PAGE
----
Thursday, October 11, 2012

First Snows of Winter.

____Day 1: The Madisonville mushroom compost making plant needs more peat-moss; so it's southbound on Interstate 29 all the way to Rockport, Missouri.
____Day 2: Another 11 hours at the wheel; Kansas, Oklahoma, into Texas; after a new route variation. Left turn onto Oklahoma State Highway 88 at Oologah; through to Big Cabin via Claremore on Route 66. Staying the night at Corsicana, after crossing Dallas after dark and after rush-hour.
379 Peterbilt in the mirror : as indicated by the licence plate.

____Day 3: Empty of peat-moss and south on Interstate 45 to Houston. Twenty tons of ceramic powder for the Albertan oil industry; loaded from an old-time, dirty and dusty factory in 90 degree heat as news of Manitoba's snow-fall comes over the phone. Not that I'm going that way; it's a load direct to Alberta. Back north for another night at Corsicana.
Set-back steer axle and still a long wheel-base on this cabover.

____Day 4: There are two ways to do the longer triangle trips; one is to do as many hours as possible as quickly as possible before putting in the required log-hours reset. The other is to limit the working day so that a driver can plod on endlessly without a reset. The magic figure for this is an average 10 hours per day; which will get me home without a 36 hour enforced break. Friday's ten get me from Corsicana to Lamar, Colorado, following one of the United States few diagonal roads: Highway 287.
Cottonfield harvest in Texas.

____Day 5: A sign on the Interstate 70 says that snow-chains are required for travel west of Denver and it's only the first week of October. Mine are in the storage shed at Niverville and not in the storage locker on the truck but luckily I don't need them for northbound Interstate 25. It snows on the way out of Colorado, into Wyoming, at Cheyenne; but the roads are bare and dry by the time I stop for the evening at Casper.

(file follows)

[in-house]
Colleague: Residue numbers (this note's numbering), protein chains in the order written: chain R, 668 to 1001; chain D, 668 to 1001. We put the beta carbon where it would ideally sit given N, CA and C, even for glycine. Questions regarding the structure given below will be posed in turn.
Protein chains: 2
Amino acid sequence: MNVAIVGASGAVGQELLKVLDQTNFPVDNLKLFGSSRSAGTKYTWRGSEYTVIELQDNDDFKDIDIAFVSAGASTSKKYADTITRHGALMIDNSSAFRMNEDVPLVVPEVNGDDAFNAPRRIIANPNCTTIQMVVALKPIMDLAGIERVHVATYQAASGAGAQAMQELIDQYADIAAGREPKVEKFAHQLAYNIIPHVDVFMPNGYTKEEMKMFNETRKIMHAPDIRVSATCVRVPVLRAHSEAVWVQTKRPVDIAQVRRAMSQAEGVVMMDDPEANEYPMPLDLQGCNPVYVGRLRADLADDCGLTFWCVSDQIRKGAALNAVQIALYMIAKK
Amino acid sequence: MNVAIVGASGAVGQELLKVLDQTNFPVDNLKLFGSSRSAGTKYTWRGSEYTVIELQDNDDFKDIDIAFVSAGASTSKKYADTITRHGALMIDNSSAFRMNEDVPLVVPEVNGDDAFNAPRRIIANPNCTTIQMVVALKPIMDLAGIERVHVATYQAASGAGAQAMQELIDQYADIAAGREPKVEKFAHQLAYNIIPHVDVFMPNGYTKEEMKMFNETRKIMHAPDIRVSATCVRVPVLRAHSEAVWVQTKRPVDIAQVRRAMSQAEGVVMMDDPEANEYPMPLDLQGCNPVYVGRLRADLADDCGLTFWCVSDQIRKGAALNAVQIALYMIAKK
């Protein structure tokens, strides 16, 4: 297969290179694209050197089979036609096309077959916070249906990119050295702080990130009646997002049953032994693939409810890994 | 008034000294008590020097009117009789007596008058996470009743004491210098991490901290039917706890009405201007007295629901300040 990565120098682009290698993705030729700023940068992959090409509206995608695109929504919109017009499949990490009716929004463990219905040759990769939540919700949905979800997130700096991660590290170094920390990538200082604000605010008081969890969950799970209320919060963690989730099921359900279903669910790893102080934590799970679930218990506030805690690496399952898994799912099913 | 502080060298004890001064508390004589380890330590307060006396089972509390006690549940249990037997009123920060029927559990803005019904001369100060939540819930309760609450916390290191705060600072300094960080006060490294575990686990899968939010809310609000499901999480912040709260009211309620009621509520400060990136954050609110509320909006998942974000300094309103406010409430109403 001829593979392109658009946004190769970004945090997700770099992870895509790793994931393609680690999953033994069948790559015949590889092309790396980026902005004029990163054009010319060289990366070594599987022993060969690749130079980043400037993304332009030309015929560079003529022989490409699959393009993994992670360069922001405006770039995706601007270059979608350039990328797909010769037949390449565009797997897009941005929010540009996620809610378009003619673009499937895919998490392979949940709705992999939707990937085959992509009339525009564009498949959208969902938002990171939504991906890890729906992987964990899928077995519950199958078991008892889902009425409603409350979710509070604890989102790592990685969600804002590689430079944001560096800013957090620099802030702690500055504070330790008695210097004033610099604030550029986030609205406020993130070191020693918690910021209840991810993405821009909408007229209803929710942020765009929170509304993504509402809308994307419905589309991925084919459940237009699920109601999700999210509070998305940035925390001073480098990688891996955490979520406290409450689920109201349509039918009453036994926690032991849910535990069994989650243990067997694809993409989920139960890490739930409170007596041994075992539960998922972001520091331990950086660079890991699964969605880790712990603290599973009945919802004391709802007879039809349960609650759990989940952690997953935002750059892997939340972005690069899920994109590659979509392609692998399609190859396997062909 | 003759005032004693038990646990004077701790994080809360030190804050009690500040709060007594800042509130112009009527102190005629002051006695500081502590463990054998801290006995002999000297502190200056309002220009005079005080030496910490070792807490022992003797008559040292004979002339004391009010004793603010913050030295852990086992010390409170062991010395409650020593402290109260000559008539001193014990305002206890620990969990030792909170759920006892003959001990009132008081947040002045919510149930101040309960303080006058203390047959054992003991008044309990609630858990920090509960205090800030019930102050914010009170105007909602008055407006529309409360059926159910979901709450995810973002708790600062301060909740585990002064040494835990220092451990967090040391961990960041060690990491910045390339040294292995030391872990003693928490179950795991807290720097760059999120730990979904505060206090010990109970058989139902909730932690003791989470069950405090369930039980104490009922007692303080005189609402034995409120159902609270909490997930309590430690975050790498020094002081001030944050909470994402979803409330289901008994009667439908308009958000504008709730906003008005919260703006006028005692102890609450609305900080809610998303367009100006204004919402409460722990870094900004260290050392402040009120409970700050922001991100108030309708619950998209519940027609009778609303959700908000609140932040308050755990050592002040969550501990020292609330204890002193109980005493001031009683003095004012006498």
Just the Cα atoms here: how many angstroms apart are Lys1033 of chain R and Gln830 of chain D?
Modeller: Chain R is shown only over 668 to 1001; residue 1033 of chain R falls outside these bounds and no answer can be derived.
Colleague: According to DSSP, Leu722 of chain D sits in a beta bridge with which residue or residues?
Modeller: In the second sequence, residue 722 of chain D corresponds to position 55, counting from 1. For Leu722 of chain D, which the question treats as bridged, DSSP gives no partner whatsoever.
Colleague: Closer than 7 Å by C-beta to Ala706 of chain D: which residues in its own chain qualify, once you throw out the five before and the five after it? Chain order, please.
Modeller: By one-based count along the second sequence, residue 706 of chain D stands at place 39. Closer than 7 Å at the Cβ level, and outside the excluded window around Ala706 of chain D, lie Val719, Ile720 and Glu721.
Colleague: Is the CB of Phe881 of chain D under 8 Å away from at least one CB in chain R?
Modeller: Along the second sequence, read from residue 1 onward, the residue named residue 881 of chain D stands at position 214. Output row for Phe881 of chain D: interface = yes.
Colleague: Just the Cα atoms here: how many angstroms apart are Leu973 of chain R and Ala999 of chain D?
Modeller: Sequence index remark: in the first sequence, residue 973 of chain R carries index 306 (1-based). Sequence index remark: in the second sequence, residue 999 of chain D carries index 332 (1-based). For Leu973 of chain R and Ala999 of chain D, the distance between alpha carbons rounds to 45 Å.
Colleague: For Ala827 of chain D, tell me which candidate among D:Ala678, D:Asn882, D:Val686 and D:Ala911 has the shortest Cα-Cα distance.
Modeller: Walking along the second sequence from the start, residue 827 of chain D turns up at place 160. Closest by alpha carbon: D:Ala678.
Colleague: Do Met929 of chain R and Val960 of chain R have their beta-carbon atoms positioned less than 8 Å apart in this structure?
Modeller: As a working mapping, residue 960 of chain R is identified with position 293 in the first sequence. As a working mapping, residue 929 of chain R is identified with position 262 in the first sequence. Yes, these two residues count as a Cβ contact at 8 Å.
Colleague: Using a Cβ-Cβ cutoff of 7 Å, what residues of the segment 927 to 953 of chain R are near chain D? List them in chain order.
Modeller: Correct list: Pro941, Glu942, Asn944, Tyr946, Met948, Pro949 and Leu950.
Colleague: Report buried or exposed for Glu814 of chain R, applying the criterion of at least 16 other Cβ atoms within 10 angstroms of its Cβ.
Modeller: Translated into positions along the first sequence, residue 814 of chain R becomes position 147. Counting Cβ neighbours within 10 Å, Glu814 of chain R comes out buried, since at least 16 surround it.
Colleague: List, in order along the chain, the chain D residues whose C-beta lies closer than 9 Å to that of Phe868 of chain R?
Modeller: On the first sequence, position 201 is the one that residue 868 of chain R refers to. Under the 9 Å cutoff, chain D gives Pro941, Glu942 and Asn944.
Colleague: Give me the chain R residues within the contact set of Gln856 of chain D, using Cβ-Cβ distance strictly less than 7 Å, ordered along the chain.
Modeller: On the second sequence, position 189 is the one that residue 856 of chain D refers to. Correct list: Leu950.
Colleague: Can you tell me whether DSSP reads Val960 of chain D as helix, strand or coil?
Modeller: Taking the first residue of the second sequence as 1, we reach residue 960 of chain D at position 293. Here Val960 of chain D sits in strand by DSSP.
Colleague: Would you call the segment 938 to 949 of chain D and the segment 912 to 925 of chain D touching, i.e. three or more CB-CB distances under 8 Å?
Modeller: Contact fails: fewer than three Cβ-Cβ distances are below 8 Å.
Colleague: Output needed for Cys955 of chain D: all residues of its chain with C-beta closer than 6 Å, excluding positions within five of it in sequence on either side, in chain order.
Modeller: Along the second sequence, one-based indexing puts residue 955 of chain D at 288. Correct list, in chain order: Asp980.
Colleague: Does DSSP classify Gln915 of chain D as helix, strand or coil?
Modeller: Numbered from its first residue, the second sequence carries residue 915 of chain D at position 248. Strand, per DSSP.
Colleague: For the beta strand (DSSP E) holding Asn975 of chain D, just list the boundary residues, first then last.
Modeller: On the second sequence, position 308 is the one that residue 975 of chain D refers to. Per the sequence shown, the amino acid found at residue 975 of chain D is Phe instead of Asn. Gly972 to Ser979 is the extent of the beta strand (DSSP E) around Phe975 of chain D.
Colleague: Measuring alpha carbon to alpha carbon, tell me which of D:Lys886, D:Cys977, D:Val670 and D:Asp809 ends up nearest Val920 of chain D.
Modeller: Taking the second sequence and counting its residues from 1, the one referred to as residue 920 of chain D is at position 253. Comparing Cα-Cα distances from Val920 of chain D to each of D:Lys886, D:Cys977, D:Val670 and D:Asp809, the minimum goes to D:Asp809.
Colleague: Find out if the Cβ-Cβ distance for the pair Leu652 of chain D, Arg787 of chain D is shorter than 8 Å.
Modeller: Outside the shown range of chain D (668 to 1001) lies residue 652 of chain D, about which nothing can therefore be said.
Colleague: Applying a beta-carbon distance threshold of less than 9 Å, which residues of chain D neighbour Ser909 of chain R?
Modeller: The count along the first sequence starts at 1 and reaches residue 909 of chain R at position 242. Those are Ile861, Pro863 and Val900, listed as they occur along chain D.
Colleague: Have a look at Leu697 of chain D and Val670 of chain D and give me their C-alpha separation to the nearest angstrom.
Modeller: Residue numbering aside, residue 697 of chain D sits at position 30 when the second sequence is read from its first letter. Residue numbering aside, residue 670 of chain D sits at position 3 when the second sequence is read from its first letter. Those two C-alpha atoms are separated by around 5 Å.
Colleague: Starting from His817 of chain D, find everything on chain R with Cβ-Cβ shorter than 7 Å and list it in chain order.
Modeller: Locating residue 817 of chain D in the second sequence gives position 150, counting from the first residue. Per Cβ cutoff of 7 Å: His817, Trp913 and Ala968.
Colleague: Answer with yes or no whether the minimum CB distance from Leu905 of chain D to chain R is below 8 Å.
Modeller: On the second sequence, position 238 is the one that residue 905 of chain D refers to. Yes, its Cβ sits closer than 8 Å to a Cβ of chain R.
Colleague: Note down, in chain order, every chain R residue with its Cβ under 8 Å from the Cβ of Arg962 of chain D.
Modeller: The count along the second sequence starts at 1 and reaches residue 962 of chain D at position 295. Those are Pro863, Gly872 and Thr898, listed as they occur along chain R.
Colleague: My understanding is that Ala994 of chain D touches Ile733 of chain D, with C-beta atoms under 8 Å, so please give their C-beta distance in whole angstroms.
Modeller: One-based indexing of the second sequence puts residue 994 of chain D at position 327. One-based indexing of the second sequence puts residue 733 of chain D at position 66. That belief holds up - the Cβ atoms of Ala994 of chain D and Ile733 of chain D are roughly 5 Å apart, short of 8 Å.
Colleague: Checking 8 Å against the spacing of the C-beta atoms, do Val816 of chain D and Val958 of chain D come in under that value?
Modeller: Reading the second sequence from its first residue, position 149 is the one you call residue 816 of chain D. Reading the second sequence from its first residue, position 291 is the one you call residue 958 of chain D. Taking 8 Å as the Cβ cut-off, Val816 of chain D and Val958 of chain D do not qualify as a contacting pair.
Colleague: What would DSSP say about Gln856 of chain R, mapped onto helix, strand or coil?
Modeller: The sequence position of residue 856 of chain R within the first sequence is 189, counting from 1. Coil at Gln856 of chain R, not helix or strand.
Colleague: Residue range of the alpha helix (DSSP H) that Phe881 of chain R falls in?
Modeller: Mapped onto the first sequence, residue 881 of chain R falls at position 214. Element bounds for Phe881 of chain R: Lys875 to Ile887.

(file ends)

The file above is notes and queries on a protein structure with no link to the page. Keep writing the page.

Cloud-making factory working well.

____Day 6: Wyoming becomes Montana as the ups and downs bring me to Billings before trying the cross country short-cut to Great Falls. Finally the Summer road-works have finished and the surface is back to blacktop. To the Town Pump, at Shelby for the night.
Snow on the hillsides of Wyoming.

____Day 7: Thanks-Giving Day in Canada; the turkey basting holiday, one month of the ahead of the US. Just a border crossing and a few hundred kilometres to Blackfalds; an easy day with breaks at Lethbridge and Calgary.
House move by wide-mirrored Argosy.

____Day 8: Reversing, in the dark, onto an eight foot wide ramp, in the rain, across a muddy yard is not easily done before coffee and a face-wash; but the guys at oil-patch construction company were keen so it would be impolite not to oblige. Down at the insulation making factory at Innisfail, the staff were also helpful and ignored my 1500 hours booking time and had the trailer loaded by noon. Then it was the Trans-Canada Highway to Moose Jaw and the prospect of a quick tip in Brandon and home for tea on the following day.
October and the Canola Harvest continues in Alberta.

____Day 9: The building supplies company doesn't have the manpower to start unloading the fibre glass insulation until the afternoon. Then it is a slow, one by one, process of hand-balling of the bales to the back of the trailer. Empty at four o'clock, but it's not "empty back to the yard." Two pick-ups from honey farms, one just outside Brandon, the other at Oak Lake; 40 miles west. The honey farmers work late and I am loaded with 58 drums by 7 o'clock. Just enough time to get home.
____Overall Distance: 7720 Km.

Brewery of Budweiser in northern Colorado.

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